If you are overweight, losing weight is a great way to improve your triglyceride levels [4].

2) Exercise Regularly

Cardio exercise, such as running, swimming, or cycling, for over 30 minutes several times a week can help lower your triglyceride levels [4, 8].

According to studies, cardio exercise before a high-fat meal reduced blood triglycerides in 38 overweight adolescents, 15 people with metabolic syndrome, and 9 obese men. Exercise lowered blood triglycerides in another study of 19 trained and untrained men [9, 10, 11, 12].

Plus, a single brisk walking session decreased blood triglycerides by 30% in 11 healthy women [13].

Lose weight if you are overweight. Also, try to get regular, cardio exercise to lower your triglycerides. Even a daily short jog or fast walk can go a long way.

How to Lower Triglycerides with Diet

3) Eat Less

Avoid overeating in general. Eat smaller portions and fewer calories. When the body gets extra calories, it tends to store them as fat.

Eat less sugary and processed foods and minimize your intake of saturated and trans fats – all of these are high in calories. Choose plant-based fats or fatty fish instead [14].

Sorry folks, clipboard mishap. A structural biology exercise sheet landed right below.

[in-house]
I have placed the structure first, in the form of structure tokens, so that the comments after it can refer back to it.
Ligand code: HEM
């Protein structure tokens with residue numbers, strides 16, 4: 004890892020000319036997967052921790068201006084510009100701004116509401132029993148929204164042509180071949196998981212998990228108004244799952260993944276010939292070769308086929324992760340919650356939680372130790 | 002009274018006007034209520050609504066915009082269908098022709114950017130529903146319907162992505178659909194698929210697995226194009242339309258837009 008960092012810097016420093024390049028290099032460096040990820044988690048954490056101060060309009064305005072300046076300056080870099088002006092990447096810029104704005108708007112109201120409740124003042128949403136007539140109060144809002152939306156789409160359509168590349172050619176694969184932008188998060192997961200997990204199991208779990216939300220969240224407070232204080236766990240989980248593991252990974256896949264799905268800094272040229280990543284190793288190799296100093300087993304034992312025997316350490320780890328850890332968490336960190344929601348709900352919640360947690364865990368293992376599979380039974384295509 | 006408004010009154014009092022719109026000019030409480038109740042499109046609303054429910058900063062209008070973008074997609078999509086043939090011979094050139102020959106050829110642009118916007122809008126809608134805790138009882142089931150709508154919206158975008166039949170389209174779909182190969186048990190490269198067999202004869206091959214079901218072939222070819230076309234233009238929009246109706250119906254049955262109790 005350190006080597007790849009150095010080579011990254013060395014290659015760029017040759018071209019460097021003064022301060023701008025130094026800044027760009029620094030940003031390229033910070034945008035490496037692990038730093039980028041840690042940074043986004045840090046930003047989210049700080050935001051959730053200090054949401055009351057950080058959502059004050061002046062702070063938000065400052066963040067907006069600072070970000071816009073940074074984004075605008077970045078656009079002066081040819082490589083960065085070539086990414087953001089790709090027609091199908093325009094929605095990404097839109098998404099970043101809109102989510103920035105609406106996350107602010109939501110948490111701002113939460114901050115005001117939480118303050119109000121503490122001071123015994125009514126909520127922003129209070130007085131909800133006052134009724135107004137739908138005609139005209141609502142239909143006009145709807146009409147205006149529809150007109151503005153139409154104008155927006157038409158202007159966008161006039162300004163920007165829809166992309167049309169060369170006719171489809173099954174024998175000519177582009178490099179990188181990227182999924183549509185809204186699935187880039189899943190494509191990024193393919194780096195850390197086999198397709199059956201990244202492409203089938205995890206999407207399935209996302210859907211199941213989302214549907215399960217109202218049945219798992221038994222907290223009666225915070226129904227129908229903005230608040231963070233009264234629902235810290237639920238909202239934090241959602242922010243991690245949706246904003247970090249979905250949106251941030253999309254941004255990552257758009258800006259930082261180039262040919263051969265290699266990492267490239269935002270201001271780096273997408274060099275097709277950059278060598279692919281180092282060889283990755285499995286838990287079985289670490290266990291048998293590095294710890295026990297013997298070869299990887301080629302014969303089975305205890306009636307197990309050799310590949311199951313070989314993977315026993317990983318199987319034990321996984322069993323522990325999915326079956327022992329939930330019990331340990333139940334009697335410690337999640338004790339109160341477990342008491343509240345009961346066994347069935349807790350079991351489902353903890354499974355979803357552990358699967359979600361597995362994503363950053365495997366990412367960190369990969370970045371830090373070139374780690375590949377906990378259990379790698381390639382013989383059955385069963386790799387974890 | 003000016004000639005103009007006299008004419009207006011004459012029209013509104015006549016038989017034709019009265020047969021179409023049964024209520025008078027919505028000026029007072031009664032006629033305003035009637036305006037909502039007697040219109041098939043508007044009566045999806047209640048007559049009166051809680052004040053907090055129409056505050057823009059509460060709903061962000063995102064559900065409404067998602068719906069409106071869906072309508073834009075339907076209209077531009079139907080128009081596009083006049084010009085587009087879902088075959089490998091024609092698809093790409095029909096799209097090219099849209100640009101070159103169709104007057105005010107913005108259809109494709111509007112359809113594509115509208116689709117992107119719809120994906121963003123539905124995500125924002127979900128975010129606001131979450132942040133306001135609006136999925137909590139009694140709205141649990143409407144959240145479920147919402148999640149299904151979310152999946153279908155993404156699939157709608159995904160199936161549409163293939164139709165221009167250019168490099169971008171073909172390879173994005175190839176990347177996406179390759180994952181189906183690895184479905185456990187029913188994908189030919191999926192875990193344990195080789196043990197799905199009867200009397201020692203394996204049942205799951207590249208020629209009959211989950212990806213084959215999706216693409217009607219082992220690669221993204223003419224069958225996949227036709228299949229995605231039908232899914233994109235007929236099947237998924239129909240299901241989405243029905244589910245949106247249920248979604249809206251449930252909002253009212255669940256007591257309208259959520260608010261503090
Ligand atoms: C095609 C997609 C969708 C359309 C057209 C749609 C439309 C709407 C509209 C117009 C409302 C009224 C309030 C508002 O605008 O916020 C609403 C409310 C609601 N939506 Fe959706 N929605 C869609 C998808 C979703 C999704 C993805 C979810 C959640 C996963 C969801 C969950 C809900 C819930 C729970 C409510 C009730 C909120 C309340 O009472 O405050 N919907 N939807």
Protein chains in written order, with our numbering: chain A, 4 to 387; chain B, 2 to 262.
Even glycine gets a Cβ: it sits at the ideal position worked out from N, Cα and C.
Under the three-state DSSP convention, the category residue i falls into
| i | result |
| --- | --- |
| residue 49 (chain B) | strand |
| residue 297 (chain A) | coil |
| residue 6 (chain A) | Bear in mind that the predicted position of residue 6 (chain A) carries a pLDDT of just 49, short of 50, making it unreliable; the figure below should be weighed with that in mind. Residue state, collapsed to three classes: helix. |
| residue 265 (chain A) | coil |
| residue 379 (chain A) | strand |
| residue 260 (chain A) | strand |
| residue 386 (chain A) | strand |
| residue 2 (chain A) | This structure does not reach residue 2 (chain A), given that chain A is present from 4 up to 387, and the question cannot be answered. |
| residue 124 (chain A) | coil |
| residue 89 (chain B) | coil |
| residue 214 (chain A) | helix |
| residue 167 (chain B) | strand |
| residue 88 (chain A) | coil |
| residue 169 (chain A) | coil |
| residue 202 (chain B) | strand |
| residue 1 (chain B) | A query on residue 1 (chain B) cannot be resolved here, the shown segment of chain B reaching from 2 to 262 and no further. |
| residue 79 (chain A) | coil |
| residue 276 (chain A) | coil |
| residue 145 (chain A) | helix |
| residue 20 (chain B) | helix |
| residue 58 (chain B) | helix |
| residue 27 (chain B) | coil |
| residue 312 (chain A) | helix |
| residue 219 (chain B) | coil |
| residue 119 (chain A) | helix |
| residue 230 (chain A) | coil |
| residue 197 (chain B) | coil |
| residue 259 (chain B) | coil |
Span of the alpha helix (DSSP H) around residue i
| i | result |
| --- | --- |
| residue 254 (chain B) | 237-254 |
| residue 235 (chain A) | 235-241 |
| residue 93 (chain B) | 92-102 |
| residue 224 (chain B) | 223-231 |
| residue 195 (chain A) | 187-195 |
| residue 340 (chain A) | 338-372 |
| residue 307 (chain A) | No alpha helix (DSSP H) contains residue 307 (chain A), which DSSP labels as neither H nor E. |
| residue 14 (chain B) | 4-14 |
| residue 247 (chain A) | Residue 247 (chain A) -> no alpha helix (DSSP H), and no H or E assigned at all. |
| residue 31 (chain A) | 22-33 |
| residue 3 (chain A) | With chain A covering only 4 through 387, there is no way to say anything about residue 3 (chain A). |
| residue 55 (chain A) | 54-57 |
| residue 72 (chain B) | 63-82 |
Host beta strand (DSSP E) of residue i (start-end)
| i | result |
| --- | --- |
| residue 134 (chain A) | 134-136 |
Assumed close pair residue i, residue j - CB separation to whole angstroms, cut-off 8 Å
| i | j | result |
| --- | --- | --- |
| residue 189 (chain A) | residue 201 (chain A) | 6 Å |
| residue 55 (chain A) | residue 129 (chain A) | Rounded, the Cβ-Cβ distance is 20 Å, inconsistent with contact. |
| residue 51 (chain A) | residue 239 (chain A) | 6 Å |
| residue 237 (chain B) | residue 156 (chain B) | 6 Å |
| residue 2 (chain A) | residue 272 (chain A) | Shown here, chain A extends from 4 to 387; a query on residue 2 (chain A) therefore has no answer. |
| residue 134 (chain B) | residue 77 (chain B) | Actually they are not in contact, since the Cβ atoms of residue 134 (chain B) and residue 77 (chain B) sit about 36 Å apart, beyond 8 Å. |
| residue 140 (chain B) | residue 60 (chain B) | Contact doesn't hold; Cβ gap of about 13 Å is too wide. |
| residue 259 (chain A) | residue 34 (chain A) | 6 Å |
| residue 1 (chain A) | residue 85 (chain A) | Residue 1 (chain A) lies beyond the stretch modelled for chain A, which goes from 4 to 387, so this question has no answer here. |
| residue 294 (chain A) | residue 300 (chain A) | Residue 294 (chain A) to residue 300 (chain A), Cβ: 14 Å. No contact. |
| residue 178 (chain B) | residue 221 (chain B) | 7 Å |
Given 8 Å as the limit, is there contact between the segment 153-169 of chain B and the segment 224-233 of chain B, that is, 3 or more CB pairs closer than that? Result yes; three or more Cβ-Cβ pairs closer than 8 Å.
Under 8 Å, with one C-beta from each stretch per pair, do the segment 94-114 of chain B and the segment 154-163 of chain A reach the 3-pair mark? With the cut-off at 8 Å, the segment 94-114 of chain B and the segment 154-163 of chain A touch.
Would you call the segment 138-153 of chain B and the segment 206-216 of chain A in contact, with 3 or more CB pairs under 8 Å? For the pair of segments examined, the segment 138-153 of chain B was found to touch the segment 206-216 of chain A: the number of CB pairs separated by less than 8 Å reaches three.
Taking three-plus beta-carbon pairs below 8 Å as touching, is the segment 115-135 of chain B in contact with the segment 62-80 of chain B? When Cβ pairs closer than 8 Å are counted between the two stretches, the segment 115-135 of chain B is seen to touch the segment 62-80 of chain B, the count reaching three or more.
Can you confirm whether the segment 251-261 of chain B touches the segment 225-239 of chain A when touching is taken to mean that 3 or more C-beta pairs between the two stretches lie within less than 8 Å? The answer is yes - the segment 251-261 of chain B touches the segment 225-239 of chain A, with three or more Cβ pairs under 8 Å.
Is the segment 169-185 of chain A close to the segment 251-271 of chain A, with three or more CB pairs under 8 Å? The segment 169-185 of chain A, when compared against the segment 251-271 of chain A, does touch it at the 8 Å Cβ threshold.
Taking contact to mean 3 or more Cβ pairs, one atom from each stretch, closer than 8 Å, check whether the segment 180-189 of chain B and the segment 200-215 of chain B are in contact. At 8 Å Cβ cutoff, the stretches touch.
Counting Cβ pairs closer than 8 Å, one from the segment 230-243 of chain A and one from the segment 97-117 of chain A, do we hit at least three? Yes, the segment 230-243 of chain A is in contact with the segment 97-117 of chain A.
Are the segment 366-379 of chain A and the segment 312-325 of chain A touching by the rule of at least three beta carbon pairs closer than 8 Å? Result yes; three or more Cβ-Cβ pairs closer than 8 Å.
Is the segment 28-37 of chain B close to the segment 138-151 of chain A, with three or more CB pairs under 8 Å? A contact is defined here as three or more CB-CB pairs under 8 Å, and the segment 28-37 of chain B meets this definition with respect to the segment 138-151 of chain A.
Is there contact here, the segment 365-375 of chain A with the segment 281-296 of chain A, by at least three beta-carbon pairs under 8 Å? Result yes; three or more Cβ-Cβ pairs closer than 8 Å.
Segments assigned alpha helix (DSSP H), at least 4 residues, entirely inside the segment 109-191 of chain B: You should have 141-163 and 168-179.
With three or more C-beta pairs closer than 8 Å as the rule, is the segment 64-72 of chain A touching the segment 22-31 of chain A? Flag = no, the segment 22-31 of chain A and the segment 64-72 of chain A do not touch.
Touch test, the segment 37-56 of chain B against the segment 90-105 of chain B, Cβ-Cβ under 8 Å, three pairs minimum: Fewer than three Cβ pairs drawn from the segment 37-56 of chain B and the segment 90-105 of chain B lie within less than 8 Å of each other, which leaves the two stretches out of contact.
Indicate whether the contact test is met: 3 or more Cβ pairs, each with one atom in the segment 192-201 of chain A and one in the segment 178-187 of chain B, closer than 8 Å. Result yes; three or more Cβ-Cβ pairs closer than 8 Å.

If your triglycerides are very high, your doctor may recommend a low-fat diet [4].

4) Eat More Protein & Unsaturated Fats

Compared to a diet high in carbs, diets rich in protein and unsaturated fat reduced triglycerides by about 10 mg/dL in a study of 164 people with high blood pressure [15].

Diets high in monounsaturated fats, found in olive oil and avocados, decreased triglyceride levels better than a high-carb diet over 7-weeks in 85 people with an increased risk of heart disease. An olive-oil-rich diet also decreased the buildup of triglycerides in the liver [16, 17].

A diet high in monounsaturated fats and omega-3s decreased triglyceride levels in 17 men with moderately increased triglycerides [18].

5) Choose Fiber

Eat more fiber-rich foods, such as fruits and vegetables. They can help decrease triglyceride levels [19].

6) Eat More Fish/Omega-3